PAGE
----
Smart growth news – December 22

What the End of the Sustainable Communities Grants Means For Planning
Governing Magazine, December 21, 2011
One reason the program may have suffered is a general lack of appreciation for planning. “It’s a hard thing to defend in the sense that it’s not putting a piece of infrastructure in the ground,” said Geoffrey Anderson, head of Smart Growth America. “But then you think about building a building without planning. The idea is absurd.” Indeed, a different Sustainable Communities initiative, the Transportation Department’s TIGER grants, survived. It provides over $500 million to highways, transit, bridges and ports.

Cities Face Tough Choices as U.S. Slashes Block Grants Program
New York Times, December 21, 2011
The shrinking federal program, called Community Development Block Grants, was devised by the Nixon administration to bypass state governments and send money directly to big cities, which were given broad leeway to decide how to spend it. This year the federal government is giving out just $2.9 billion — a billion dollars less than it gave two years ago, and even less than it gave during the Carter administration, when the money went much further.

Transit as a Stepping Stone to Prosperity
Regional Plan Association Blog, December 21, 2011
Christmas came early to the tri-state region this year. In the span of a week, two high-profile, competitive awards landed on Long Island and in Stamford, Conn. While they have different objectives and scopes, both should help further the twin goals of revitalizing the metropolitan economy and supporting more sustainable, transit-oriented development.

Local News

Deal to bring Zappos to downtown Las Vegas is complete
Las Vegas Sun, December 20, 2011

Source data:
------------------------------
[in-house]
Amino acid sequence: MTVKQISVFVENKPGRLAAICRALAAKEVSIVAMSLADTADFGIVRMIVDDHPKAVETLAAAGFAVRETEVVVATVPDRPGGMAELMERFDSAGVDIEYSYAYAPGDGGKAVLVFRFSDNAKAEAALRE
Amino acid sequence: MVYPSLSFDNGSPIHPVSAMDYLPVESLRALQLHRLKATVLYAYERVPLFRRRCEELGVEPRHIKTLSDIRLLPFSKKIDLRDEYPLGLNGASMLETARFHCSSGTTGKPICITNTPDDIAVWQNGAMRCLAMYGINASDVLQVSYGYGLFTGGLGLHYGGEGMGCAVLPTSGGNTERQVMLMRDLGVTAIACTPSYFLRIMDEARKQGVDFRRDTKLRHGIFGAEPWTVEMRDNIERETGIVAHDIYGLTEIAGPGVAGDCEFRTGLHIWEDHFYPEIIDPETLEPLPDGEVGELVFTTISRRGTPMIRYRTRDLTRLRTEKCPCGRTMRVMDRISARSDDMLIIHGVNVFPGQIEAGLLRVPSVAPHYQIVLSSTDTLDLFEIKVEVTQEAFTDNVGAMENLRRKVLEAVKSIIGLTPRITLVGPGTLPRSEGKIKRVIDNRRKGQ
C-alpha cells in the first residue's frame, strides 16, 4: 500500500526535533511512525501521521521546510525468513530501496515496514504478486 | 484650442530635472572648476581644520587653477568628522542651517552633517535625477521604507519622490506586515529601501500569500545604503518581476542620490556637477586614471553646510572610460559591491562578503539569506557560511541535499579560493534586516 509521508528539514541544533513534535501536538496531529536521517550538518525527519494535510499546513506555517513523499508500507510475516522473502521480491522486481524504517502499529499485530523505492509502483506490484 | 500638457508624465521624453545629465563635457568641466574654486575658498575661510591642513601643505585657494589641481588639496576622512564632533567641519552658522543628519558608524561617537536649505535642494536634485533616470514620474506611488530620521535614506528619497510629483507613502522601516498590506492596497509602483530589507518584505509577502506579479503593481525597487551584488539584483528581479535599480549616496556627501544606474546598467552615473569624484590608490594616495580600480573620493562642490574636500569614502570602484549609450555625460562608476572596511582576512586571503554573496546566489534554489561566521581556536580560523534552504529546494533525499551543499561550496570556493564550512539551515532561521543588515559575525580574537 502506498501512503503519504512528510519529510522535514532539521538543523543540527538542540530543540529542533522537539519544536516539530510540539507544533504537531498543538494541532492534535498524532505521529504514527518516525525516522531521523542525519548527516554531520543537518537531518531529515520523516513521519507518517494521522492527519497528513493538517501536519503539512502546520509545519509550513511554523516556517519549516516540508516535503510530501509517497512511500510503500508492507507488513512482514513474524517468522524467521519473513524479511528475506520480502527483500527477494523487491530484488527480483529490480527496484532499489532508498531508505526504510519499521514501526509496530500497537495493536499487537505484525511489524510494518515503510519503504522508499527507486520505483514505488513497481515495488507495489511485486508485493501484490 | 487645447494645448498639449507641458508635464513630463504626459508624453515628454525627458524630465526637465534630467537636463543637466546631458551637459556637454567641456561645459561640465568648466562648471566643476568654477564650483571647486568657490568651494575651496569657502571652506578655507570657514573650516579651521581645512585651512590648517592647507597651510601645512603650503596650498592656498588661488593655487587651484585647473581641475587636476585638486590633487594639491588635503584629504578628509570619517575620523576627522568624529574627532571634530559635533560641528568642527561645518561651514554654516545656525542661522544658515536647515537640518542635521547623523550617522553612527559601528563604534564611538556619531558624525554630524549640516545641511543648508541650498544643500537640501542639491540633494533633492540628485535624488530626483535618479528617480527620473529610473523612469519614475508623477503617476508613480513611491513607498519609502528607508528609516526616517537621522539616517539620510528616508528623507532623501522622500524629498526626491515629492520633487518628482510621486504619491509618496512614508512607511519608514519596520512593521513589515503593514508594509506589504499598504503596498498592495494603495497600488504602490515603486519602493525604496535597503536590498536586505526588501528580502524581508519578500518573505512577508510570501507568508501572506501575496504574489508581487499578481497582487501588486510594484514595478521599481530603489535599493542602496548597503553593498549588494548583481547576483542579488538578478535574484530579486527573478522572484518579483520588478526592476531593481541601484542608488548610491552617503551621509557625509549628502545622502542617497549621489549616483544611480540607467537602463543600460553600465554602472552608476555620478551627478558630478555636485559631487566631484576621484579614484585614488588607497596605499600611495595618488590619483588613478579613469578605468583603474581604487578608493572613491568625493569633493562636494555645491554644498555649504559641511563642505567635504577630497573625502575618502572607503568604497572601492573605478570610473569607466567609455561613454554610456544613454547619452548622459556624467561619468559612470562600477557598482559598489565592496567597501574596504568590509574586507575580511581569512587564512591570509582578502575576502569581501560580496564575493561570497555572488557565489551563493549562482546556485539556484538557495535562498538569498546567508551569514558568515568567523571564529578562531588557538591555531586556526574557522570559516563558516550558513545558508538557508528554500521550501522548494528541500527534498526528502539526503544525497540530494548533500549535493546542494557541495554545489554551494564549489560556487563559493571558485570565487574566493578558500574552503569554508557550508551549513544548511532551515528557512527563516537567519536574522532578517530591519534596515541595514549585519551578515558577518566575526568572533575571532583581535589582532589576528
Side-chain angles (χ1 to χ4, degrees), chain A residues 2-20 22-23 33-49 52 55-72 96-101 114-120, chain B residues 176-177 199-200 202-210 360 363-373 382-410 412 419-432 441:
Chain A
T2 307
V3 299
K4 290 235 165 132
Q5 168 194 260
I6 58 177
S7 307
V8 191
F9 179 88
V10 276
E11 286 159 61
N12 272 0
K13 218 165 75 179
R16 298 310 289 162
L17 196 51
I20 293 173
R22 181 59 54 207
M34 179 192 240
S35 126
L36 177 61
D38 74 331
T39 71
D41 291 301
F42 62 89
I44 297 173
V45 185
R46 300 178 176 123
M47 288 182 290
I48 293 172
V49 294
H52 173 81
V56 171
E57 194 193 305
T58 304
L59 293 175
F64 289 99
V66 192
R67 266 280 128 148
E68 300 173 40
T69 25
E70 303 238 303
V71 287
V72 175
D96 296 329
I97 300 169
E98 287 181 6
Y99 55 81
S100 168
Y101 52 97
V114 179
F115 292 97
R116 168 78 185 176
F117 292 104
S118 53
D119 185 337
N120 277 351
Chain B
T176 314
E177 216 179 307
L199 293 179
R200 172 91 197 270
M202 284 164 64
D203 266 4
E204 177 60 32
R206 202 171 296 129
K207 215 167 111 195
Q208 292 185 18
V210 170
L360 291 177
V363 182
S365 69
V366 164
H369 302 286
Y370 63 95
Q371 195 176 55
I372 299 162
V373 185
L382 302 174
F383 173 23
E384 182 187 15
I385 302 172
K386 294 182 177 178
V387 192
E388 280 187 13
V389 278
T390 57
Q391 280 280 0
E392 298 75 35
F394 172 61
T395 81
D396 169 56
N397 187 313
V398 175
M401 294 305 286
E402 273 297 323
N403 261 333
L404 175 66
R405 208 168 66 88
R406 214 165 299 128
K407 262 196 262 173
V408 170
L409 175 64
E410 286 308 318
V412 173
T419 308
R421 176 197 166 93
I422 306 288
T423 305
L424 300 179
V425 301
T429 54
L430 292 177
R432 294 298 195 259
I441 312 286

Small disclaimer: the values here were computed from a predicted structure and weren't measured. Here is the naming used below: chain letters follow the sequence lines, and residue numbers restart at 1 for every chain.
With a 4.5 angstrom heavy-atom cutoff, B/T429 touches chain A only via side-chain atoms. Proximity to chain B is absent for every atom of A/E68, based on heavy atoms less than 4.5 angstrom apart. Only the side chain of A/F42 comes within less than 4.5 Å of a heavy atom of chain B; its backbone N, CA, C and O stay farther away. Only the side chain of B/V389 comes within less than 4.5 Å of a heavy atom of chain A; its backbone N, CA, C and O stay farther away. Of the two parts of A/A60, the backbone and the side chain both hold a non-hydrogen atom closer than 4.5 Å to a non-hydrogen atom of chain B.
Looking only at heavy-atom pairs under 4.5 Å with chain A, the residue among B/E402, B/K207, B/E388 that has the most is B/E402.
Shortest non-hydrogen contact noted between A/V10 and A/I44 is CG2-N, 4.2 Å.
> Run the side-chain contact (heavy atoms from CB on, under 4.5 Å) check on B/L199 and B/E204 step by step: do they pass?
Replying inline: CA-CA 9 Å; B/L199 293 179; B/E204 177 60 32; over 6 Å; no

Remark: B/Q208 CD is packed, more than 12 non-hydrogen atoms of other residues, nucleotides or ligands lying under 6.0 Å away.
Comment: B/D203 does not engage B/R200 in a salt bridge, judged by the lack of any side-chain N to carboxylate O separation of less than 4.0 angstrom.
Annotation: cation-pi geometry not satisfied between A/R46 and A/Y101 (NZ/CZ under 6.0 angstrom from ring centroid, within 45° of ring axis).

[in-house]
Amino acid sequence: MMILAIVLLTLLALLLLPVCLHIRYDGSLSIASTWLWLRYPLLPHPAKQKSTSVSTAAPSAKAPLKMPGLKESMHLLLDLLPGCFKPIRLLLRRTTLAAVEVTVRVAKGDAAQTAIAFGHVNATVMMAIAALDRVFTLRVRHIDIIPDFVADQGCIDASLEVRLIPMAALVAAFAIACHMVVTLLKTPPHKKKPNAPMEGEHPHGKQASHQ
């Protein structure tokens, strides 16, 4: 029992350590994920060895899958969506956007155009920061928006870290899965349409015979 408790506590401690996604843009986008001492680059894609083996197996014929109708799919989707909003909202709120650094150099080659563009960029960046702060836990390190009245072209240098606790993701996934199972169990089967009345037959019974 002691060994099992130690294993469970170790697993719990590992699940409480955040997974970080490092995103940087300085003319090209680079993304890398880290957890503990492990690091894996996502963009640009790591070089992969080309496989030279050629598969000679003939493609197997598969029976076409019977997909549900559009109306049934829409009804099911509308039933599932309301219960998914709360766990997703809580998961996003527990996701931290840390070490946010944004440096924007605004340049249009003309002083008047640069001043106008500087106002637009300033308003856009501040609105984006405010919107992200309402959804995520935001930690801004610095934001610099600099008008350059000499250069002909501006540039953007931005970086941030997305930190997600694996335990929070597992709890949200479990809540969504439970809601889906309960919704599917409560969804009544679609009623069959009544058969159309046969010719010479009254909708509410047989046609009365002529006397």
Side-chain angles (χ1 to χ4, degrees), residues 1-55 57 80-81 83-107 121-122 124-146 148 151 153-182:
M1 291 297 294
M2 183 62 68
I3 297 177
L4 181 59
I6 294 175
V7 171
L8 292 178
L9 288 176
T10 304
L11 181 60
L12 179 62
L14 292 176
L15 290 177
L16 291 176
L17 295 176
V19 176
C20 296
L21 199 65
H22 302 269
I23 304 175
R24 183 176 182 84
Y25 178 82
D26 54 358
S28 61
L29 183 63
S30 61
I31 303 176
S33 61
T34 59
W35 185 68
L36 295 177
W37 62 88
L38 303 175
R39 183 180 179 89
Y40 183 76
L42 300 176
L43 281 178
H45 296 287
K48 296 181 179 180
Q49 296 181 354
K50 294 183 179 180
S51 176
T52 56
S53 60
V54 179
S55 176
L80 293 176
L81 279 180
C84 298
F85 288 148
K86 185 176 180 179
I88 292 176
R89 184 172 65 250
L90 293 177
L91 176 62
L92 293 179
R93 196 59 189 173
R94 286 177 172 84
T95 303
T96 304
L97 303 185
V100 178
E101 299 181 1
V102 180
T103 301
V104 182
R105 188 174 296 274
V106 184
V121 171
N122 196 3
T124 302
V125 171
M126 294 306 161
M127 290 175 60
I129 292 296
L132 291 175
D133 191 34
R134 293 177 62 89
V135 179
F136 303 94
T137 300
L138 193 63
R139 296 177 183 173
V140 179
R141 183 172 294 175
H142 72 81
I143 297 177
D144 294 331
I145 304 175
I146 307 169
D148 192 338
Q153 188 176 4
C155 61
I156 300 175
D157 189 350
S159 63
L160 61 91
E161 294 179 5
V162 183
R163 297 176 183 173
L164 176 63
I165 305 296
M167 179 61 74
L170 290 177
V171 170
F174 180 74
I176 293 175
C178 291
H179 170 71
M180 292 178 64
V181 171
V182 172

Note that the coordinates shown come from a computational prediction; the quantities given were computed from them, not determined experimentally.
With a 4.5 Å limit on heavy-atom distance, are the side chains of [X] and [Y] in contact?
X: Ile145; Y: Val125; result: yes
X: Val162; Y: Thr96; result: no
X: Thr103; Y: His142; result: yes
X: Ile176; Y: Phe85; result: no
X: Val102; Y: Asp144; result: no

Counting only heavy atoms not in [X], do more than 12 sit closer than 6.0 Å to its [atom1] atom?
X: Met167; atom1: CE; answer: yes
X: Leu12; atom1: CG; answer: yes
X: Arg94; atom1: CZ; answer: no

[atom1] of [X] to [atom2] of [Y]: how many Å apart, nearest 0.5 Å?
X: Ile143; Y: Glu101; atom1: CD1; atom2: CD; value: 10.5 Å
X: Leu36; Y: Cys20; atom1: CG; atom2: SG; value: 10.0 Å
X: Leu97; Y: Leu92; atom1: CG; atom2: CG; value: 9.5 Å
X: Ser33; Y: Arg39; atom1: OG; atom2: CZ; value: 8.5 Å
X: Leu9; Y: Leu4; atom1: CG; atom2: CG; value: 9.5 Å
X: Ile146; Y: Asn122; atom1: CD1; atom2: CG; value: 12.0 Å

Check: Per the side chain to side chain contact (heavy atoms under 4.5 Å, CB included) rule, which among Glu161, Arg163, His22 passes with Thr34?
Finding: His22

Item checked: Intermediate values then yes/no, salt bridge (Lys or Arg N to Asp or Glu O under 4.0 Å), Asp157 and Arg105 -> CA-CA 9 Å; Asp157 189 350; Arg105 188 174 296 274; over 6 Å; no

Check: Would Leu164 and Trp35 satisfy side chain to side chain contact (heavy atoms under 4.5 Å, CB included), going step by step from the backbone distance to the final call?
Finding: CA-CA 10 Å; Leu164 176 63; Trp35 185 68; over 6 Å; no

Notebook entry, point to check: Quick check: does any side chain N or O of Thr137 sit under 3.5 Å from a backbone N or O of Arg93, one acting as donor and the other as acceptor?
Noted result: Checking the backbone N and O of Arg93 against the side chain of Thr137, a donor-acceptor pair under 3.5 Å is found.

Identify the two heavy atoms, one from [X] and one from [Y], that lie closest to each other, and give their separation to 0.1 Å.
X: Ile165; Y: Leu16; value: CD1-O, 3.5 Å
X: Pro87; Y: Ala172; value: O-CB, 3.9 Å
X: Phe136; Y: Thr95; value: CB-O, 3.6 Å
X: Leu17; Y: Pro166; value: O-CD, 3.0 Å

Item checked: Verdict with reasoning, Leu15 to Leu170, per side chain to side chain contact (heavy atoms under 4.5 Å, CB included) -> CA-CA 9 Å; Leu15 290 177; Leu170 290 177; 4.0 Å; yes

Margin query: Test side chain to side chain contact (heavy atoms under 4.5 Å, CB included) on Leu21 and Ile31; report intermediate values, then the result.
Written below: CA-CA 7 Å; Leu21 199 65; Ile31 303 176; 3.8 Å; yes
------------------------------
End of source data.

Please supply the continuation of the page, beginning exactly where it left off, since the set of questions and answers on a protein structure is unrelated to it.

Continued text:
Las Vegas Councilman Bob Coffin, who represents part of downtown, said “it’s a big deal that guarantees now that something will be developed downtown.” That’s important, in part, Coffin said, because he was never convinced of the city’s plan to build a new city hall in the first place.

Mixed-Use Development Pushed for Route 1
Fort Hunt Patch (Va.), December 21, 2011
The plan characterizes the corridor as disjointed, with viable retail space mingling with obsolete or blighted commercial properties resulting from decades of unplanned development. It discourages small commercial and isolated parcels, as well as car washes, pawn shops and drive-throughs. It promotes improving the corridor’s image through streetscaping, tree cover, modern urban design principles, and the consolidation of existing commercial properties into larger, mixed-use developments.

Kochville Township approves ordinance aimed at making businesses more pedestrian friendly
The Saginaw News (Mich.), December 21, 2011
“There’s a desire to have a more walkable community,” Treasurer Steve Yanca said. The new ordinance requires new developments to provide parking in the back instead of the front of their buildings, or to conceal some parking with walls or berms or landscaping.

Opinion and Editorial

Guest commentary: Region needs rapid bus lines AND light rail
Detroit Free Press, December 22, 2011
Greater Detroit must have a successful Woodward Light Rail Project to provide high quality transit, attract new development and catalyze Detroit’s revitalization. Our region also must have an effective regional bus system that quickly and affordably takes people to work, school and other daily needs throughout the region. We can and must have both.

Applying Intermodal Strategies to Urban Planning
D Magazine (Texas), December 21, 2011
Like many others, I understand DFW’s appeal to companies seeking an ideal location for new manufacturing and distribution centers, and I am rooting for the region to attract new investments. The success of our ability to utilize various methods of transportation as the foundation of commerce will substantiate our regional growth and establishment of the metroplex as a key southwestern transportation hub.

Get behind Busway project
West Hartford News (Conn.), December 22, 2011
It’s time to get behind it and make it work, not just because of the $500 million price tag, but because public transportation has the power to change the capital region and West Hartford with it, for the better, for years to come.